maintains community standards.
:he proposal process is very exacting
onsuming, we will speed the process
st as possible."
e building proposal receives final
From City Council, Spoon will start
of the old building, a former McDon-
owners said they hope the project n
id, "There is an ecology of down- ALEX WOLK/Daily
like any ecosystem, we need to look A building proposal for a mixed-use office building on the former McDonald's site
maintain it." on Maynard Street is expected to help rejuvenate the State Street area.
'First Monday' recognizes
victims of gun violence
By Susan Luth
For the Daily
In an effort to raise awareness of
gun violence, Alliance for Justice, a
national organization, brought its mes-
sage to more than 350 cities across the
nation - including Ann Arbor.
A group of about 20 students and
community members gathered in the
Michigan Union to be a part of a cam-
paign called, "First Monday 2000:
Unite to End Gun Violence."
The event featured a film titled
"America: Up in Arms," which
showed three families whose lives
were impacted by gun violence.
Immediately after the film, keynote
speaker Clementine Barfield spoke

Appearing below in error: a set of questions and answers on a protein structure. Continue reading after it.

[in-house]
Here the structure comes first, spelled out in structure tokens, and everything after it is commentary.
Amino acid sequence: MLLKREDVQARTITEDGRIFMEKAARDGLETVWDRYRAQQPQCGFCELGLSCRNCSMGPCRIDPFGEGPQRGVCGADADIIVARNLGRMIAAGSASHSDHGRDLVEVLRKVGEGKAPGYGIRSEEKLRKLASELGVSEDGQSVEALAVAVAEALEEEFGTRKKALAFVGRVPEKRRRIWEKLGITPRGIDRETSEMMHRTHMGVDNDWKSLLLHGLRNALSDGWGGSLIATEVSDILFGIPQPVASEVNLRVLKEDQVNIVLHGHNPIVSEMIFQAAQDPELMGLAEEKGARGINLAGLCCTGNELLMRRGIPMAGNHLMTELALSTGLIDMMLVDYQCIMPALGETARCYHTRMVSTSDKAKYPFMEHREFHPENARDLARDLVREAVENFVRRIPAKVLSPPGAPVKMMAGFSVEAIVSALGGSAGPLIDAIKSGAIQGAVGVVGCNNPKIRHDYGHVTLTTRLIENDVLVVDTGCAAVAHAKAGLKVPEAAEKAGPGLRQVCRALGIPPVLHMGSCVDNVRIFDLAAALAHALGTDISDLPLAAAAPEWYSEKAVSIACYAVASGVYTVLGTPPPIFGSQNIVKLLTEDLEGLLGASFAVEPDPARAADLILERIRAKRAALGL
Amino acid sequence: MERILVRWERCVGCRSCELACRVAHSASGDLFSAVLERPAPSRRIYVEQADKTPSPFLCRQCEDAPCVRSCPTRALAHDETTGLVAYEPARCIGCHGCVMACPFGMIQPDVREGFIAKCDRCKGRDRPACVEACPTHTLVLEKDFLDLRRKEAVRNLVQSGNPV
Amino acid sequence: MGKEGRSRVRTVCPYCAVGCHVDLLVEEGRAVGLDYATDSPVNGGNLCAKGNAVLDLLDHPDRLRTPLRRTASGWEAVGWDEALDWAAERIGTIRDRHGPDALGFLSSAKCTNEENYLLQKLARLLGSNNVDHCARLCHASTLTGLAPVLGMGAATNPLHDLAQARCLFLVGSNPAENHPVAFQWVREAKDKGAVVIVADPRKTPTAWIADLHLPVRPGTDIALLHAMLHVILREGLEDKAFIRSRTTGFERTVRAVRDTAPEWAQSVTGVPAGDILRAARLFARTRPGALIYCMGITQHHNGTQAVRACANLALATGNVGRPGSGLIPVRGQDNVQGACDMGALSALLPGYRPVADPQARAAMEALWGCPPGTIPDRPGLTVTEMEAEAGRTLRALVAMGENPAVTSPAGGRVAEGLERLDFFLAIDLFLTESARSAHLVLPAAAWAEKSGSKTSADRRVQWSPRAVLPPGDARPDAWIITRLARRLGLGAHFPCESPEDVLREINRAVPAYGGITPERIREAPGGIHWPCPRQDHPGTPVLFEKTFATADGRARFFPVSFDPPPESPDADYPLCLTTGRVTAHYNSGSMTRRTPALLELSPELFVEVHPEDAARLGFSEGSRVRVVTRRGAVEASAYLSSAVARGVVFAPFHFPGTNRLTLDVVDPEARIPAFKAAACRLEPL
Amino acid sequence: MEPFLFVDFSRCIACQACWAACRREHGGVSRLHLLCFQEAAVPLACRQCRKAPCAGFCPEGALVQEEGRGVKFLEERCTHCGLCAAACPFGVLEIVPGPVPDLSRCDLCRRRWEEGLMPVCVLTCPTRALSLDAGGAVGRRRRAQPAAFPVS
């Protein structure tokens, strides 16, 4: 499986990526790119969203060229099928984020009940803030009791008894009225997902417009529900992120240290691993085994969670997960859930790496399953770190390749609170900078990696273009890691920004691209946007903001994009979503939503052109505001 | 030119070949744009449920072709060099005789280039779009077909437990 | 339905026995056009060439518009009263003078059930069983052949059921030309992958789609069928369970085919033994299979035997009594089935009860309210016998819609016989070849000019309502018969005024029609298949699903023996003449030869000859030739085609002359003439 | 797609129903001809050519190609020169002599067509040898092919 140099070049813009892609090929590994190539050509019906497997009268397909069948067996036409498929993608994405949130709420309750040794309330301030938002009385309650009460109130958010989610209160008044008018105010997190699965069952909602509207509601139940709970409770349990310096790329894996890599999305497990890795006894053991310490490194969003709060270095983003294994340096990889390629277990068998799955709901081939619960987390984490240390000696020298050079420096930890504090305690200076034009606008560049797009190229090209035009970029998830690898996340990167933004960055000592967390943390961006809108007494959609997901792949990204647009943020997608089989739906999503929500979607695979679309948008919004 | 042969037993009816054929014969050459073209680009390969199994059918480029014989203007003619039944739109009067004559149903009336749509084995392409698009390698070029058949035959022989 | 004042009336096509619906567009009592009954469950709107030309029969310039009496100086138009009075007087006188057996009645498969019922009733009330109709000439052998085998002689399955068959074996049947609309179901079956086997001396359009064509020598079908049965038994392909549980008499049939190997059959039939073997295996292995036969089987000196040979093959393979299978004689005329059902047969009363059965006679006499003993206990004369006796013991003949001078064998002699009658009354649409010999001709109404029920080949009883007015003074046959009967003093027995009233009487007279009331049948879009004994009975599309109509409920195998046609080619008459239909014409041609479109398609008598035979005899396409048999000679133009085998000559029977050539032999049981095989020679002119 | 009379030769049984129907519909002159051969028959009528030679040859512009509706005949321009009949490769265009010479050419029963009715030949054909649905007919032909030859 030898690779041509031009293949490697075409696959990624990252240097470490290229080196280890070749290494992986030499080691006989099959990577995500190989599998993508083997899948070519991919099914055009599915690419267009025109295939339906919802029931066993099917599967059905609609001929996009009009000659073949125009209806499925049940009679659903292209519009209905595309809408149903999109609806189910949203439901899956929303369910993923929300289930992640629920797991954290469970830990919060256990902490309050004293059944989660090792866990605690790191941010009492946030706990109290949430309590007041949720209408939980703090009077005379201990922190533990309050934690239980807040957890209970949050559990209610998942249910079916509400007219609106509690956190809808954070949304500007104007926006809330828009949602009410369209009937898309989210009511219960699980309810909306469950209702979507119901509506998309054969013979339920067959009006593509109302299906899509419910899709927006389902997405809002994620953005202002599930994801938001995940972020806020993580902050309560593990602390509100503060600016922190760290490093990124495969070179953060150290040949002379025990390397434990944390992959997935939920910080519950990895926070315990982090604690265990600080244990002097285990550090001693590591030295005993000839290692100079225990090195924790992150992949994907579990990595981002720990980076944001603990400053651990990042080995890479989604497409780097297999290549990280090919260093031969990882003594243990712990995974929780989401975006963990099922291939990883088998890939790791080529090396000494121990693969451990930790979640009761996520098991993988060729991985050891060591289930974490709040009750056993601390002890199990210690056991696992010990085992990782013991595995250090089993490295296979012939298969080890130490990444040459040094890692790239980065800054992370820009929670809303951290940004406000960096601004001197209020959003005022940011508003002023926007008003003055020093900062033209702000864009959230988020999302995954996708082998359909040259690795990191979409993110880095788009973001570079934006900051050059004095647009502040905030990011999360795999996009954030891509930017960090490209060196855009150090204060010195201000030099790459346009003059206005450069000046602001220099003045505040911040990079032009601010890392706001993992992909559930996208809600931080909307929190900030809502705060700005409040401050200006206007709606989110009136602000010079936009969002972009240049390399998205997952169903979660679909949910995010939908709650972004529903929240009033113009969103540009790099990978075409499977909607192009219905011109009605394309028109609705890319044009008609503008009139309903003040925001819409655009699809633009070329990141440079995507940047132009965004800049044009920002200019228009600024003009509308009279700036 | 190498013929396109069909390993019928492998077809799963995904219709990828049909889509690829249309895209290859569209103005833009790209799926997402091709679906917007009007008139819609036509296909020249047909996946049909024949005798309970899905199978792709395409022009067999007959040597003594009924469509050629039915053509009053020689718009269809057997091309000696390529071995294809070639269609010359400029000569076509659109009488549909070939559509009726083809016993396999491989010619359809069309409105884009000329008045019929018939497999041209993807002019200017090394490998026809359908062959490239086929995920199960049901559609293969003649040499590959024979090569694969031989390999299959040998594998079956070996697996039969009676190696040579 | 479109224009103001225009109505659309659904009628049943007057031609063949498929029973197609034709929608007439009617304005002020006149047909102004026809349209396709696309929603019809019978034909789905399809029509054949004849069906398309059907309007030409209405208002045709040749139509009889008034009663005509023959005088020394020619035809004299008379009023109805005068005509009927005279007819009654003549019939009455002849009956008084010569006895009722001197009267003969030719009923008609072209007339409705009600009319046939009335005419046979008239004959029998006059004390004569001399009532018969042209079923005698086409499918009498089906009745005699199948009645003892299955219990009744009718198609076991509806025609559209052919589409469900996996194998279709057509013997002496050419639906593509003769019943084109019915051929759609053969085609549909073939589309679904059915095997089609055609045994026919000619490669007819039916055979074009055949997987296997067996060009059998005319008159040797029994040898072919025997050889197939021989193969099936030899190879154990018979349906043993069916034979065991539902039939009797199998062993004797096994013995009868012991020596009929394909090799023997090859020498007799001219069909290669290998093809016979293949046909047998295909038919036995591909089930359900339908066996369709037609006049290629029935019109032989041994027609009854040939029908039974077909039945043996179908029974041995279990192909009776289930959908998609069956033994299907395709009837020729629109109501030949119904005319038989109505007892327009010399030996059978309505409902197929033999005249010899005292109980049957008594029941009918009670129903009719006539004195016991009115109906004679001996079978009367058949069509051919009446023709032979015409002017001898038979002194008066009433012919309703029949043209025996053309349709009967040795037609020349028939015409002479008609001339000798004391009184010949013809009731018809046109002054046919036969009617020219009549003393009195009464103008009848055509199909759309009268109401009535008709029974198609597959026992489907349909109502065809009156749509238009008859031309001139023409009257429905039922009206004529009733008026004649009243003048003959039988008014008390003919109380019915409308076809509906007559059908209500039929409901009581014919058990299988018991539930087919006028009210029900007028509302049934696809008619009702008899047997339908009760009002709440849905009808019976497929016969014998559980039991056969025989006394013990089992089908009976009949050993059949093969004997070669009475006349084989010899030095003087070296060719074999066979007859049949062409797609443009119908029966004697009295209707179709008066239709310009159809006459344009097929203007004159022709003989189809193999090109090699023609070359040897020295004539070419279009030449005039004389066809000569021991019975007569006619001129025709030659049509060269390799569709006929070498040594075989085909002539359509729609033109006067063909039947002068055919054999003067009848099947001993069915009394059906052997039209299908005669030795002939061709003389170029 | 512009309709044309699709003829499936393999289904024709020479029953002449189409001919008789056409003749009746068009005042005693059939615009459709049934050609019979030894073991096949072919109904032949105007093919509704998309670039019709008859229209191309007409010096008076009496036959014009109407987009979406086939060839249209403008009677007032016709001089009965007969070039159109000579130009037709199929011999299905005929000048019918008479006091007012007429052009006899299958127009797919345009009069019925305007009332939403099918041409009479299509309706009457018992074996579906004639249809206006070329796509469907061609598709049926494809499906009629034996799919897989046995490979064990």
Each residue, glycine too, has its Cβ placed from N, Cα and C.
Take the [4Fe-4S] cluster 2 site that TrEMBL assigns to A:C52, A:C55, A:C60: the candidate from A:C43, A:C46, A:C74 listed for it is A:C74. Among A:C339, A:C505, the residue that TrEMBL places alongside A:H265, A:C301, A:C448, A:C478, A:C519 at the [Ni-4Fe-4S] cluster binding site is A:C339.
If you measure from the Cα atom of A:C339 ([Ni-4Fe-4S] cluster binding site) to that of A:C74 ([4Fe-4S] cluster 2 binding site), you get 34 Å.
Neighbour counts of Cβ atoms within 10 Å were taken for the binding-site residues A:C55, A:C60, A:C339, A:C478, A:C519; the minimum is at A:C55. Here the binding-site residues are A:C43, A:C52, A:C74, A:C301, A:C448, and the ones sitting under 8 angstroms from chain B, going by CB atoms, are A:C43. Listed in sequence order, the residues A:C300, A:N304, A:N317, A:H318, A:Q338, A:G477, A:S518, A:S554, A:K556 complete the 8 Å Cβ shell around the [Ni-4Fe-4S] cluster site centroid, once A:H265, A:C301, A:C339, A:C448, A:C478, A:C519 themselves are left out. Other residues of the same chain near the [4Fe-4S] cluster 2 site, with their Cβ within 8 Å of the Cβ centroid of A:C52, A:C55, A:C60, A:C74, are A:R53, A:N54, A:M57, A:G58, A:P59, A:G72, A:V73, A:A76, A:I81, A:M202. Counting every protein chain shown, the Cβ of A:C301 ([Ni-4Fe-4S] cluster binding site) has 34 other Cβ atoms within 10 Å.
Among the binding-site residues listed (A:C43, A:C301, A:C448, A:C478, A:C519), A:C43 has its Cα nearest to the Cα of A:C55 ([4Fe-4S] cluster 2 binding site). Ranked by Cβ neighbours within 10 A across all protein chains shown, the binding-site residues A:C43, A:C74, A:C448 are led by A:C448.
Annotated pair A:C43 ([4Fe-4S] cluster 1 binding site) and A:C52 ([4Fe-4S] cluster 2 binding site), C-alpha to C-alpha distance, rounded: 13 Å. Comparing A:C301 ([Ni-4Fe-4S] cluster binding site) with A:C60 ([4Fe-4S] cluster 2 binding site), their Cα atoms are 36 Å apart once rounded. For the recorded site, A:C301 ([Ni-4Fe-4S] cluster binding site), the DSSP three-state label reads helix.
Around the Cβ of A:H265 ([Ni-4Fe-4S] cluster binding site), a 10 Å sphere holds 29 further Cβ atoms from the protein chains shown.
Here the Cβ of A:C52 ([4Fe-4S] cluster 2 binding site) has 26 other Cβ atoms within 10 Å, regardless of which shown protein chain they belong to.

about her experiences with gun vio-
lence. "Sometimes I wonder what dif-
ference 100 people makes,"she said as
she spoke about the increasing num-
bers of victims. "Then I remember that
I could be one of those 100 people."
Barfield is president and founder for
a local non-profit organization called
Save Our Sons and Daughters. She
started the group after one of her sons
was killed and one wounded during a
robbery at gun point.
"I don't know how many more peo-
ple have to die before we come to
terms with the fact that guns are for
killing, she said. "People should ques-
"I don't know how many more people
have to die before we come to terms
with the fact that guns are for killing."
-- Clementine Barfield
President of Save Our Sons and Daughters
tion themselves about why they have
them ... why they have a semi-auto-
matic to kill a rabbit."
Alliance for Justice chose to call the